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The Passover of the Jews was at hand, and Jesus went up to Jerusalem. In the temple he found those who were selling oxen and sheep and pigeons, and the money-changers sitting there. And making a whip of cords, he drove them all out of the temple, with the sheep and oxen. And he poured out the coins of the money-changers and overturned their tables. And he told those who sold the pigeons, “Take these things away; do not make my Father's house a house of trade.” His disciples remembered that it was written, “Zeal for your house will consume me” (John 2:13-17).

What a mess! Oxen and sheep running everywhere. Tables overturned. Coins rolling across the floor and scattered this way and that. Pigeons flying all over. People racing for the exits. It was a scene of utter chaos. And there at the center of it all was Jesus, face flushed, breathing heavily, with a whip in His hand. A whip He had fashioned on His own to drive them all out. And drive them all out of the temple is exactly what He did.

We have come to expect Jesus to be kind, caring, and compassionate, and He is all those things. But He is also not immune to other emotions either. Some may call what happened in the temple a fit of rage or a temper tantrum, but the more appropriate term is that Jesus was filled with zeal. Luther defines zeal as an angry love or a jealous love, for Jesus’ anger does not arise from hatred; it springs from love toward God.

It was zealous love toward God that motivated Jesus to do what He did in the temple that day. He looked around and He saw that His Father’s house had been reduced from a place of worship to a business, a house of trade.

You see, in an effort to make things more convenient for the Jews travelling to the temple in Jerusalem for the Passover, animals for sacrifice were sold there. This way people didn’t have to travel from far off locations with an animal in tow. They could just purchase the appropriate animal for sacrifice on site. Then, when it came to the temple tax that was expected, money changers were readily accessible to exchange currency for anyone who needed it.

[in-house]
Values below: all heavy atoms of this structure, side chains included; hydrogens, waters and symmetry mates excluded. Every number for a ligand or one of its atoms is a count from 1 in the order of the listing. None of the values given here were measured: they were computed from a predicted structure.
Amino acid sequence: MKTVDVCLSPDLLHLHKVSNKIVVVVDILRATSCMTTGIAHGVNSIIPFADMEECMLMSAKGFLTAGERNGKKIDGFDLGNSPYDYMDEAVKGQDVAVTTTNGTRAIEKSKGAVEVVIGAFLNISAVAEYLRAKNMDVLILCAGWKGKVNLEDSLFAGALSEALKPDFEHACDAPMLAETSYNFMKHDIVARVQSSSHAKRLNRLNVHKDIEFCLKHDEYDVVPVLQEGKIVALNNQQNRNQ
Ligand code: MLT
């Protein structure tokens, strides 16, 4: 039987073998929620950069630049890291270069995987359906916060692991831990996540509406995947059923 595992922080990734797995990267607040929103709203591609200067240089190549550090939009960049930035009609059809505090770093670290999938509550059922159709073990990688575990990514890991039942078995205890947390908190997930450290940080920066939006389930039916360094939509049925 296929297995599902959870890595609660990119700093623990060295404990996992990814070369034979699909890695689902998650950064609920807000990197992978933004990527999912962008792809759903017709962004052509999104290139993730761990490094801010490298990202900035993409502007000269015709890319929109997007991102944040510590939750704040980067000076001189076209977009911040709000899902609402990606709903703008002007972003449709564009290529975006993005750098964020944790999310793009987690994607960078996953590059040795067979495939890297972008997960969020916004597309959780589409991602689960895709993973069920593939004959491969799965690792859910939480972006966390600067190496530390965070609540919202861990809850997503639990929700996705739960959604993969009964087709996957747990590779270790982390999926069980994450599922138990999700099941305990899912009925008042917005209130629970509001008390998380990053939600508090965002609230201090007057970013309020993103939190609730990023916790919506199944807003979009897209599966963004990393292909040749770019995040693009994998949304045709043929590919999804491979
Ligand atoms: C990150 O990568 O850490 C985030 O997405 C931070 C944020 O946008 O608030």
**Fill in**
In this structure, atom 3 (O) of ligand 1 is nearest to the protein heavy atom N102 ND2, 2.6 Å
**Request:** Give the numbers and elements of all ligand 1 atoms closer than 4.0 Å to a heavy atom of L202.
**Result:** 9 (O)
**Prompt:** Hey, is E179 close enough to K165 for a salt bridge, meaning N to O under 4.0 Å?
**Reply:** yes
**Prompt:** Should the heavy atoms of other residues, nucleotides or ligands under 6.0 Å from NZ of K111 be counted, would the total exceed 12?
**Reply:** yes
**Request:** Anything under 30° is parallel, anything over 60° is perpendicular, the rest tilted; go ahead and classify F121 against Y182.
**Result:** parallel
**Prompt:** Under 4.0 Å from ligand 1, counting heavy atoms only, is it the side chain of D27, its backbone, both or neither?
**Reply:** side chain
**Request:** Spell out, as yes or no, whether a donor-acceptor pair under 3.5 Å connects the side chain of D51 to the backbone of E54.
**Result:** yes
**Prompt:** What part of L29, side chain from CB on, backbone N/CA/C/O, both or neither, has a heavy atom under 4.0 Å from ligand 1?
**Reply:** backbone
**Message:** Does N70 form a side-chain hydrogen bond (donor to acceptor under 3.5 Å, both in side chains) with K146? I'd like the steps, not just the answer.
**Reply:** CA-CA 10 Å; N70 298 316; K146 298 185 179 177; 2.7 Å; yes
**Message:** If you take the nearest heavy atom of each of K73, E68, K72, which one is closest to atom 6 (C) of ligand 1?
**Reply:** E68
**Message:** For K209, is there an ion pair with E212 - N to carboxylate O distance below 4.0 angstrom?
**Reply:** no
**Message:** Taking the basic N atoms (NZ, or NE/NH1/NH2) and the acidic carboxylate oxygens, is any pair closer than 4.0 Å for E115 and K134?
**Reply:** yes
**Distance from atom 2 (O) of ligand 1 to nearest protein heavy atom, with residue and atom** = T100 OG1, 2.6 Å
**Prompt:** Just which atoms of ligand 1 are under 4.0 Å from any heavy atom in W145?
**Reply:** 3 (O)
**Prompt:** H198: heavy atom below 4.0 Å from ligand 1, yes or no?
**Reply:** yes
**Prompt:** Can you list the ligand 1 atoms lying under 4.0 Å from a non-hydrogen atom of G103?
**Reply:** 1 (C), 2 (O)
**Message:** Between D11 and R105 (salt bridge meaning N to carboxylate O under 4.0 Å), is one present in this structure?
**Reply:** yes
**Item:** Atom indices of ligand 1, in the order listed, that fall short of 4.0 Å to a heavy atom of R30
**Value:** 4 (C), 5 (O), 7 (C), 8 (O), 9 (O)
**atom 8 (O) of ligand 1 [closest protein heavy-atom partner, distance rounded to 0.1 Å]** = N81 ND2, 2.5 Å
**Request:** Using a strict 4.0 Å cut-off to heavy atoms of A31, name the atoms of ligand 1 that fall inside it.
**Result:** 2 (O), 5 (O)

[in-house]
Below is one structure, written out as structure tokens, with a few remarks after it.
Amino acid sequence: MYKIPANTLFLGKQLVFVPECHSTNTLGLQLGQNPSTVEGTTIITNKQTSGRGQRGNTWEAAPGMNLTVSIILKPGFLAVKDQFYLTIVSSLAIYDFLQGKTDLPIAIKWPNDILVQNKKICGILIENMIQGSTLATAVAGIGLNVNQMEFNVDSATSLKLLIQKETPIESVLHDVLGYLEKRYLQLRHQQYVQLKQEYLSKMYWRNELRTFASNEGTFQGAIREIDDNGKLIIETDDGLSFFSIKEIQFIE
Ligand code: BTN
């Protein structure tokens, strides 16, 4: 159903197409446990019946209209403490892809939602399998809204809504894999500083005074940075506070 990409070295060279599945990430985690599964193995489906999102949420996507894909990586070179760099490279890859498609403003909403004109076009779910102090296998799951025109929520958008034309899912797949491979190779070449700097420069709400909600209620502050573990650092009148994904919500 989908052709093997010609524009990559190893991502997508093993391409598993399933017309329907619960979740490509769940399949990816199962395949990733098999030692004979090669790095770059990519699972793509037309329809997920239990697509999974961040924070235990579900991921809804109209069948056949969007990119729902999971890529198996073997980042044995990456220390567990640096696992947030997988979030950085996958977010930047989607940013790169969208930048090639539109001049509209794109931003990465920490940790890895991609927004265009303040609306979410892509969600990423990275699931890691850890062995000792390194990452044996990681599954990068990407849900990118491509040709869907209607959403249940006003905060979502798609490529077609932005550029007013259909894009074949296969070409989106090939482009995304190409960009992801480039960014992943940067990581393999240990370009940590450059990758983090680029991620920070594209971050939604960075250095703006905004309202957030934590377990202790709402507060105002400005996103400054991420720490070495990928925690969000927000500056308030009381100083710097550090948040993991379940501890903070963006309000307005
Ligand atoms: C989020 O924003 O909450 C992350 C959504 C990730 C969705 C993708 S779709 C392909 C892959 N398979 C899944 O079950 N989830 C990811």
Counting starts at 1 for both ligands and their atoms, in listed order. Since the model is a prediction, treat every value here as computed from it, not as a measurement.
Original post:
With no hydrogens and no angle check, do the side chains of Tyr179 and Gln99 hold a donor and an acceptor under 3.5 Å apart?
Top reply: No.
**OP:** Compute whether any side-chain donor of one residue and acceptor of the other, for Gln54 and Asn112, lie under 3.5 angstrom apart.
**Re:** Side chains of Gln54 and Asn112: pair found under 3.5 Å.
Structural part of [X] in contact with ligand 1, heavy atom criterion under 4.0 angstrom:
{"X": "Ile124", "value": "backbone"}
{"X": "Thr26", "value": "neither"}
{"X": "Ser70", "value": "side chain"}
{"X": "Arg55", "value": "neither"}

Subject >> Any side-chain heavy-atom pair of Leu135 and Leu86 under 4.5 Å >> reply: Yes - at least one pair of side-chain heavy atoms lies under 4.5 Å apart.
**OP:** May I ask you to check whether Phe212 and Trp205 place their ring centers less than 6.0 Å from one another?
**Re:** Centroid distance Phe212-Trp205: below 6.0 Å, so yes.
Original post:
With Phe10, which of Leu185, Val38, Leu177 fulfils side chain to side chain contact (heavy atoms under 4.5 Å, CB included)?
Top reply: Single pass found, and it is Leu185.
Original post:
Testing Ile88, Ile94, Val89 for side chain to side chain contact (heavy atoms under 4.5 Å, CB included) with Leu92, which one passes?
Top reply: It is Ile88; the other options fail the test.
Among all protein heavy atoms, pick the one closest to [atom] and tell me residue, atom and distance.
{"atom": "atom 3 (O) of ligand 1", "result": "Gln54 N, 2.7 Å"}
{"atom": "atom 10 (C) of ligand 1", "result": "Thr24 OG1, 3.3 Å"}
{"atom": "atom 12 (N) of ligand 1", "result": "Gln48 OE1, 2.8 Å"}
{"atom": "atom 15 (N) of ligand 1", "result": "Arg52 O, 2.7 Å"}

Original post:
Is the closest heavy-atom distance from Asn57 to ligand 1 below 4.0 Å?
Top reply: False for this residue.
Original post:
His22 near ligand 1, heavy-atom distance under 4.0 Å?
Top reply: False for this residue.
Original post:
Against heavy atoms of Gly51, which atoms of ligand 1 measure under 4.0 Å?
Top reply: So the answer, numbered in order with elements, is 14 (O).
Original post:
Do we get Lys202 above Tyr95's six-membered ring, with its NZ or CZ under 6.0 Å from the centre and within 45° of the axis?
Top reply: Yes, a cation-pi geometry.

It appeared to be a kind and caring service they were offering to those who were travelling to the temple at the Passover, but it was really anything but. Animals were sold at exorbitant prices. Exchange rates for the currency were extremely excessive. So as it was, the work of the temple came more down to profit margins than worship. And beyond that, it was all done in the Court of the Gentiles, the only place a Gentile was allowed to worship and pray.

So, you can see why Jesus was so worked up. Again the text says, His disciples remembered that it was written, “Zeal for your house will consume me” (John 2:17). The better translation would be “Zeal for your house will ‘devour’ me.” It literally ate at Jesus from the inside out that His Father’s house was being abused in such ways.

What are you zealous about? What are you passionate about? What causes you to get worked up inside? For some, it’s sports. Be it college, professional, or their kids’ peewee leagues, they can’t help but shout and scream as if somehow it could make a difference. For others, it’s politics. They love talking about it incessantly, gloating when their side is winning, and griping when they are on the losing end. What are you zealous about?

Our text makes very clear what God is zealous about. He is zealous for His house. But more than that. He is also zealously jealous for His people. He can’t stand seeing His Word being twisted and abused for selfish exploits. Above all else, He expects that we obey His Word because He knows what is best for us.

That’s why in the Old Testament Reading, He graciously gives us His Ten Commandments. And while doing so, he says this: For I the Lord your God am a ‘jealous’ God, visiting the iniquity of the fathers on the children to the third and the fourth generation of those who hate me, but showing steadfast love to thousands of those who love me and keep my commandments (Exodus 20:5-6).

He gives us His commandments because He is Zealously Jealous for Us. He doesn’t want us to turn away from Him. He knows that will only lead us to death and condemnation. So, in a zealous, jealous love for us, He tells us exactly how to follow Him. He doesn’t leave any doubt out there. It is all laid out for us in these Ten Commands of God.

So what would we think God would say about us and our handling of His Word and His commandments? How are we doing? What’s going well? What could be done better?